Scandinavia: Special report

It's difficult not to be slightly envious of the Scandinavians. OK, so they spend half the year in darkness (with a high suicide rate to show for it), it's a touch colder in winter and they're cut off from the rest of Europe. But it's not surprising that Scandinavia is a magnet for immigrants from all over Europe.

Its cities are spotless, its countryside spectacular, its countries rich (Norway boasts the third-highest GDP per head in the world). Its people are beautiful (think Freddie Ljungberg and Helena Christensen) intellectuals (newspaper readerships here are the highest in the world) and its governments take pretty good care of them, providing (in the case of Sweden) a welfare system that keeps the wolves from the door in even the poorest of homes. Not only that, but Scandinavians tend to have impressive heads for business. No fewer than 12 Nordic companies featured in the Fortune 500 last month. Not bad for a region with only 0.4 per cent of the world's population.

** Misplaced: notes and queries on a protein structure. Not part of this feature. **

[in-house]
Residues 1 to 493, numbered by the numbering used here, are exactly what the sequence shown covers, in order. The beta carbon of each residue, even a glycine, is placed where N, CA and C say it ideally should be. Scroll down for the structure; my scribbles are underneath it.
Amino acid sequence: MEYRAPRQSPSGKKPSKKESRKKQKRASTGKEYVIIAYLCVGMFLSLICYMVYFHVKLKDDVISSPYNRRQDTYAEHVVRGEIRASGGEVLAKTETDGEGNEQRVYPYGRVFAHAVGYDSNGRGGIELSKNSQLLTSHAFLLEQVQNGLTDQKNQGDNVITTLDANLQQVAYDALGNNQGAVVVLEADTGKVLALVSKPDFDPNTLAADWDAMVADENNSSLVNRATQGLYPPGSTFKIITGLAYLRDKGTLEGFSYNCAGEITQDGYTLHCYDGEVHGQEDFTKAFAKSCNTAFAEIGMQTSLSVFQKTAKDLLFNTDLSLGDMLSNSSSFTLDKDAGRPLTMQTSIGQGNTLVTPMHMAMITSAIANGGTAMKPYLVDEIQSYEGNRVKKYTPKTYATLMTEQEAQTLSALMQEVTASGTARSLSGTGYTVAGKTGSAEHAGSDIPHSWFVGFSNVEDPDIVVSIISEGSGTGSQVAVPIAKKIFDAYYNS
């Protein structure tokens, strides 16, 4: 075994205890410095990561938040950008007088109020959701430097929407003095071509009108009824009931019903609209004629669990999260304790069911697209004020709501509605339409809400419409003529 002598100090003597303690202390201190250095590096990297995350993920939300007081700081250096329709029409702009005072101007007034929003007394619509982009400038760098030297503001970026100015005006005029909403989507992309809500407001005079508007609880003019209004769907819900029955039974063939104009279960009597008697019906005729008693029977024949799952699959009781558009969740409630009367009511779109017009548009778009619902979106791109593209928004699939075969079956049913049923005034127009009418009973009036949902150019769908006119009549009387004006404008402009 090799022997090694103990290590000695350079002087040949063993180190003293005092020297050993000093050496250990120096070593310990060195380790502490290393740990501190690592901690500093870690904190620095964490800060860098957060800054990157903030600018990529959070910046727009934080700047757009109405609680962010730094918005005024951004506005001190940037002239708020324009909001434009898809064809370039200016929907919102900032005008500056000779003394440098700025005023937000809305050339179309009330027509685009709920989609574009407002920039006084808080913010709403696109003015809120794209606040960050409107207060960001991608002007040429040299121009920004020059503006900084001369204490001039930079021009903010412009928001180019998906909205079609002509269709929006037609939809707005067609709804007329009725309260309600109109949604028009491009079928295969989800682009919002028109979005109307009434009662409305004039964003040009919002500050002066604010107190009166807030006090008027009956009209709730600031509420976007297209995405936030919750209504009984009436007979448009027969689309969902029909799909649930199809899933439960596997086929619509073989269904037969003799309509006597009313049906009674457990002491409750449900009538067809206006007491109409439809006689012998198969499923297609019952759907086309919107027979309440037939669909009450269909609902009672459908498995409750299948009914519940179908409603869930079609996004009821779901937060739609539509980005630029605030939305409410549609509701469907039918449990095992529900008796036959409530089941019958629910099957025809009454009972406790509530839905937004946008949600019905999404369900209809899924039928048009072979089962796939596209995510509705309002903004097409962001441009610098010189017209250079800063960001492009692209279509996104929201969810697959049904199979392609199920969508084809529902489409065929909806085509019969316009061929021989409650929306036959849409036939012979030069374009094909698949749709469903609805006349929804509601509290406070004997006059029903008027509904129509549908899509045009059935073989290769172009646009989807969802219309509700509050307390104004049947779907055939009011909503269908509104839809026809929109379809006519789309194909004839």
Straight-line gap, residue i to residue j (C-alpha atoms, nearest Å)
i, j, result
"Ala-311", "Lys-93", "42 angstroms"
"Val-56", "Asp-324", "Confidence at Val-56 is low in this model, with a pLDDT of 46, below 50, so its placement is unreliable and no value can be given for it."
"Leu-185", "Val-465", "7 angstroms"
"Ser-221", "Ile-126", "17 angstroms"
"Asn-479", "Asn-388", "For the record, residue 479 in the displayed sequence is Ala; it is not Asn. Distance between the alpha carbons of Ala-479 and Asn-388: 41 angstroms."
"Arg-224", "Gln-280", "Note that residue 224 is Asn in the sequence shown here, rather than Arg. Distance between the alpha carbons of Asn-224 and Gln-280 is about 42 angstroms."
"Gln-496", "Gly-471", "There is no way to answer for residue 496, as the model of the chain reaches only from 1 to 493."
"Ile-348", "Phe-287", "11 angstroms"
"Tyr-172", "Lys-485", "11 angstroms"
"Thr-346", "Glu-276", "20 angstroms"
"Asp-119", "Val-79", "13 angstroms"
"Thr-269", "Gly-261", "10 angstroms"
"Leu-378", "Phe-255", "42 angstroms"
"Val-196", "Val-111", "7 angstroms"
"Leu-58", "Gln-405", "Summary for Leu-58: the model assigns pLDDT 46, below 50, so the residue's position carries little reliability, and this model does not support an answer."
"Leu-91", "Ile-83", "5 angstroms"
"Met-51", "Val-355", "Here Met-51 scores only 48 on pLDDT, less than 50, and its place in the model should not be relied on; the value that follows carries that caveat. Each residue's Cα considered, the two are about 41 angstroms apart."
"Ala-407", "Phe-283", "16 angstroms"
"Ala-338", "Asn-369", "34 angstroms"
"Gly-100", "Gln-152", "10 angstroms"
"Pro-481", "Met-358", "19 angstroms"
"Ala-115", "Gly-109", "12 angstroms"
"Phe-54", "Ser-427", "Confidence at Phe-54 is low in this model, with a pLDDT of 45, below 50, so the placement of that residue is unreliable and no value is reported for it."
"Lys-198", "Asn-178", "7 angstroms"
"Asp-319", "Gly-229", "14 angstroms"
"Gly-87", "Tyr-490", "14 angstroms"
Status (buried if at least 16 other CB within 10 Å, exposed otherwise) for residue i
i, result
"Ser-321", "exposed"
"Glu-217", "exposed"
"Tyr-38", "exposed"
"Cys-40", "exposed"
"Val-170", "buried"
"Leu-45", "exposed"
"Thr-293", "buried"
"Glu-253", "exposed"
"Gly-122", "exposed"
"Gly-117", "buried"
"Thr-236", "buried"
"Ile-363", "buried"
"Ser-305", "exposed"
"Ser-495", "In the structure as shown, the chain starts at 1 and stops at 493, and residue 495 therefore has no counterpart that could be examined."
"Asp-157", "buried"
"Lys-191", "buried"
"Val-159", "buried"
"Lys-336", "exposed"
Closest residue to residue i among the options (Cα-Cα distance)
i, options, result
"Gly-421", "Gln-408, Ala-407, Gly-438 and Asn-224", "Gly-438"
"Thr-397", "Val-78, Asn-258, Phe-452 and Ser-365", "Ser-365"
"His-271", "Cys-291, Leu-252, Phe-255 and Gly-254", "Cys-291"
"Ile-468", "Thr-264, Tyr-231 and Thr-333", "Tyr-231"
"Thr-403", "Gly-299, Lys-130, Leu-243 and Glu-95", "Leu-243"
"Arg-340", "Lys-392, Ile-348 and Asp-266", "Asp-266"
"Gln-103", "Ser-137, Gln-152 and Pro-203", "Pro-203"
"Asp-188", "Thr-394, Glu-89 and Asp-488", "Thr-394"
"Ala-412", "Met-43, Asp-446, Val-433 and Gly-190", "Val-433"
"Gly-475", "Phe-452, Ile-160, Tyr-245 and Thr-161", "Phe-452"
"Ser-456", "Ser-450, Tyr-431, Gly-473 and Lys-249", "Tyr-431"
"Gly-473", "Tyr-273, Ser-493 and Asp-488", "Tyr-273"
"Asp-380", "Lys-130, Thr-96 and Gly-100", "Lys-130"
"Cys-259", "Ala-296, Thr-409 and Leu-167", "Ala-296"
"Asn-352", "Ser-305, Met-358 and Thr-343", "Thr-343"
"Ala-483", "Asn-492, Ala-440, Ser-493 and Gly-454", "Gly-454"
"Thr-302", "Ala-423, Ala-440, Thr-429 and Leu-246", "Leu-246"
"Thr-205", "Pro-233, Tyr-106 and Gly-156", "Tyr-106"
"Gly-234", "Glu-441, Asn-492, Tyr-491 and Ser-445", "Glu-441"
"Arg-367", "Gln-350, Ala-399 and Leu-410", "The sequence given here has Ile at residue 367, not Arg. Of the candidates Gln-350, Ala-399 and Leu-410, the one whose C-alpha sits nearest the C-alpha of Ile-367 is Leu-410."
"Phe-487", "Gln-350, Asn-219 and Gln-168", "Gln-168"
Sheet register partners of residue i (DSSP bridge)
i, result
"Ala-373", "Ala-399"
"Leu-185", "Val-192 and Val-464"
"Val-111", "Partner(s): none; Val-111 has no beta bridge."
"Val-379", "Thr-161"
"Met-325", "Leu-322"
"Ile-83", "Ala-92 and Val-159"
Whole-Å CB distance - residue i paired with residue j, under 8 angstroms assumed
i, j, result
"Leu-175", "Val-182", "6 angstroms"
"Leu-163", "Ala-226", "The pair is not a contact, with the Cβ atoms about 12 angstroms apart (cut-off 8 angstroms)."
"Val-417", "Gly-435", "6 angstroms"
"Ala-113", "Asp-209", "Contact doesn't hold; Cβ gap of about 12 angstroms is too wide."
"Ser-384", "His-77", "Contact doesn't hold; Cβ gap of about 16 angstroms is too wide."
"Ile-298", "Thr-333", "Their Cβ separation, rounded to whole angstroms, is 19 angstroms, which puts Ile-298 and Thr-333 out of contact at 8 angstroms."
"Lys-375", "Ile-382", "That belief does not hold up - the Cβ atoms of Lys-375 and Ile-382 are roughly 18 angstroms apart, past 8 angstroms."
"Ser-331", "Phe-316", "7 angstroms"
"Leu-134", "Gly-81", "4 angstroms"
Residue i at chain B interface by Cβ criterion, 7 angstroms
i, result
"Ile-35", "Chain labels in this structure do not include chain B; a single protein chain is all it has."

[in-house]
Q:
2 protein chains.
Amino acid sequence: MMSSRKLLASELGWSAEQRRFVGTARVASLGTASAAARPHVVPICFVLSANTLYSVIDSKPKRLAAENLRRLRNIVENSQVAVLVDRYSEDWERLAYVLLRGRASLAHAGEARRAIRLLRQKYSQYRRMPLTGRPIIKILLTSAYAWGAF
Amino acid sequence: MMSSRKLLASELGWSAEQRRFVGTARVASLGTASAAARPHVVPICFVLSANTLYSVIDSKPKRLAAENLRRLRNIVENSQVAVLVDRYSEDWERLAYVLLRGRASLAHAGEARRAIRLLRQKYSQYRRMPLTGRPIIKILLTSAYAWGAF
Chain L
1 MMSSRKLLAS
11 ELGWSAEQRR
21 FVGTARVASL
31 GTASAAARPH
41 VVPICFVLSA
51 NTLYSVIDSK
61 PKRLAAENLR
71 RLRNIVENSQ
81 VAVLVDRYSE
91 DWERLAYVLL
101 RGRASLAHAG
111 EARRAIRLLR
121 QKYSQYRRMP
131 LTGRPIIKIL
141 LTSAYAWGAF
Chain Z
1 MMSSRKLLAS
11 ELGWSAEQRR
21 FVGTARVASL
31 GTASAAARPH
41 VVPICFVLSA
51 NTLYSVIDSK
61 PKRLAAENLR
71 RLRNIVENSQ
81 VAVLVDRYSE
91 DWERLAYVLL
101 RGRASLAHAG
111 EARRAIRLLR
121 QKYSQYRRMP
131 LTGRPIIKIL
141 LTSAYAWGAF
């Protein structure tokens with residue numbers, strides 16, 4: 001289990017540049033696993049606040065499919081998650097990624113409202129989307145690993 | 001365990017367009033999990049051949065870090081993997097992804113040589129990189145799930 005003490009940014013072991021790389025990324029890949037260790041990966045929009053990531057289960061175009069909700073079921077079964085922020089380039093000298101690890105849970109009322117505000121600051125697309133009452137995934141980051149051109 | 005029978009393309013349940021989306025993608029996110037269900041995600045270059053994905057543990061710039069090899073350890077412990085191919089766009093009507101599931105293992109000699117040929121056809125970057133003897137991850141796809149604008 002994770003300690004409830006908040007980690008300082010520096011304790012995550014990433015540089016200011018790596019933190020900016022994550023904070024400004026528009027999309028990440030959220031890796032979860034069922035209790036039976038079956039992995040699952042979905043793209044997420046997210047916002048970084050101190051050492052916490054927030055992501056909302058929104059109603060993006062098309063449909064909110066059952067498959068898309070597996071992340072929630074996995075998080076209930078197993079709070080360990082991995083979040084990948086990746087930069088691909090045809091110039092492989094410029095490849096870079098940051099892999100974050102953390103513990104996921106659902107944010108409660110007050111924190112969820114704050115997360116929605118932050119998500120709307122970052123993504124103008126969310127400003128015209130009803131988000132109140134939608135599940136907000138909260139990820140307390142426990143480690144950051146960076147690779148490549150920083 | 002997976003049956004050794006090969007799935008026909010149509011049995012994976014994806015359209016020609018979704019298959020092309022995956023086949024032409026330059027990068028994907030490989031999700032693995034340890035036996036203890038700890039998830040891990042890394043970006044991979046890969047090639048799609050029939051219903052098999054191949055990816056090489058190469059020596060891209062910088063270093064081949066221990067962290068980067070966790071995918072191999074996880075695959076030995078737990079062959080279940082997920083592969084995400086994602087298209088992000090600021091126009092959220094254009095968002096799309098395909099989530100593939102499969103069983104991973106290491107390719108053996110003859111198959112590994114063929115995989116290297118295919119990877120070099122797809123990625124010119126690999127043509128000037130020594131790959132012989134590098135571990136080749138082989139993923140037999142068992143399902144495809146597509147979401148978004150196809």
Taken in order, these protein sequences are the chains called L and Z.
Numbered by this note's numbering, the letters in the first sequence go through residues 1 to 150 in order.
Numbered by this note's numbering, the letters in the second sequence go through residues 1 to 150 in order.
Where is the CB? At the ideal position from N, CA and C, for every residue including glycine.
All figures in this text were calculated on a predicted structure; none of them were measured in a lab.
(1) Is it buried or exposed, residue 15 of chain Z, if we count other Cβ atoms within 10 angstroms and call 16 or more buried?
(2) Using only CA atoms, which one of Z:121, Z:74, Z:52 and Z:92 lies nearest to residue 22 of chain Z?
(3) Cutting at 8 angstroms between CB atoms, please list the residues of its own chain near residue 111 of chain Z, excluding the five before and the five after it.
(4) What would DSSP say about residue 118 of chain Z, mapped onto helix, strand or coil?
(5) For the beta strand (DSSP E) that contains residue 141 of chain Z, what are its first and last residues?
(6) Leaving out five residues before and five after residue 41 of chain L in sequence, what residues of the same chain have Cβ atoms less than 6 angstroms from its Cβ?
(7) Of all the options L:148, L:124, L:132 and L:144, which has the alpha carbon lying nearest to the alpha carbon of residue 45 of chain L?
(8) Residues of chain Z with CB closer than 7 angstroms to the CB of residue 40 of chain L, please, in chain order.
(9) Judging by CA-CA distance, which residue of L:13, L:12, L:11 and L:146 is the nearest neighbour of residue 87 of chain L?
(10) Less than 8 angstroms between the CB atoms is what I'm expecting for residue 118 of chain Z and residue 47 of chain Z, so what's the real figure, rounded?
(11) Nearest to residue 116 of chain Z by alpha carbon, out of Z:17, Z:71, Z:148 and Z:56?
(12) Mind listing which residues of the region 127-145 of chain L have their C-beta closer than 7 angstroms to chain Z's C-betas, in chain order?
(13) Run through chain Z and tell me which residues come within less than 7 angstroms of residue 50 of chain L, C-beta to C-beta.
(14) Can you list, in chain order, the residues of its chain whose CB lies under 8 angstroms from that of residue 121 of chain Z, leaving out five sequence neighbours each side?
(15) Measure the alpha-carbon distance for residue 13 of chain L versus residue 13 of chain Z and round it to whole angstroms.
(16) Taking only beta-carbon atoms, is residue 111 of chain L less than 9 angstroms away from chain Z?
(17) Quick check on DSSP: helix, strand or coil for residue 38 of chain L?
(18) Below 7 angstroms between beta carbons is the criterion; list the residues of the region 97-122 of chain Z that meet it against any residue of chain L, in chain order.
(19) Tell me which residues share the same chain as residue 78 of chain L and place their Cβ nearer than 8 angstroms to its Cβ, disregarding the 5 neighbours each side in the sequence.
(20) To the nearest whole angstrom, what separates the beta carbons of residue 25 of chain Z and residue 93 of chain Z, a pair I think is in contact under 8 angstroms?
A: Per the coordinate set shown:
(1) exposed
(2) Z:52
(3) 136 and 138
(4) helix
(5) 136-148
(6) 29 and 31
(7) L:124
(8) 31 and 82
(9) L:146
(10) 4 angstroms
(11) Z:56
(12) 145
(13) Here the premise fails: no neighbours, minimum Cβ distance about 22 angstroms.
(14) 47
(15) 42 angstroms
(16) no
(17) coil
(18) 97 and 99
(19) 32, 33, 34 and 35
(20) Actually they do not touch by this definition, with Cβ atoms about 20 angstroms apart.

However, Scandinavia probably isn't the place for the more rebellious ad folk. While its advertising product is not always without adventure, it is forced to manifest itself within the world's most unforgiving boundaries. The feature on this page was intended to reveal the methods used to circumvent, or at least bend, the various rules that exist to curb advertising in the Nordics. But, we discovered, the mentality typical of the region is not generally of the rule-breaking kind. Which doesn't help explain what lies behind Nordic agencies' (again, enviable) ability to innovate. Their digital advertising (page 27), produced with a meticulous attention to detail and a classy simplicity that is the region's trademark, is yet more evidence of the region's assured inventiveness.

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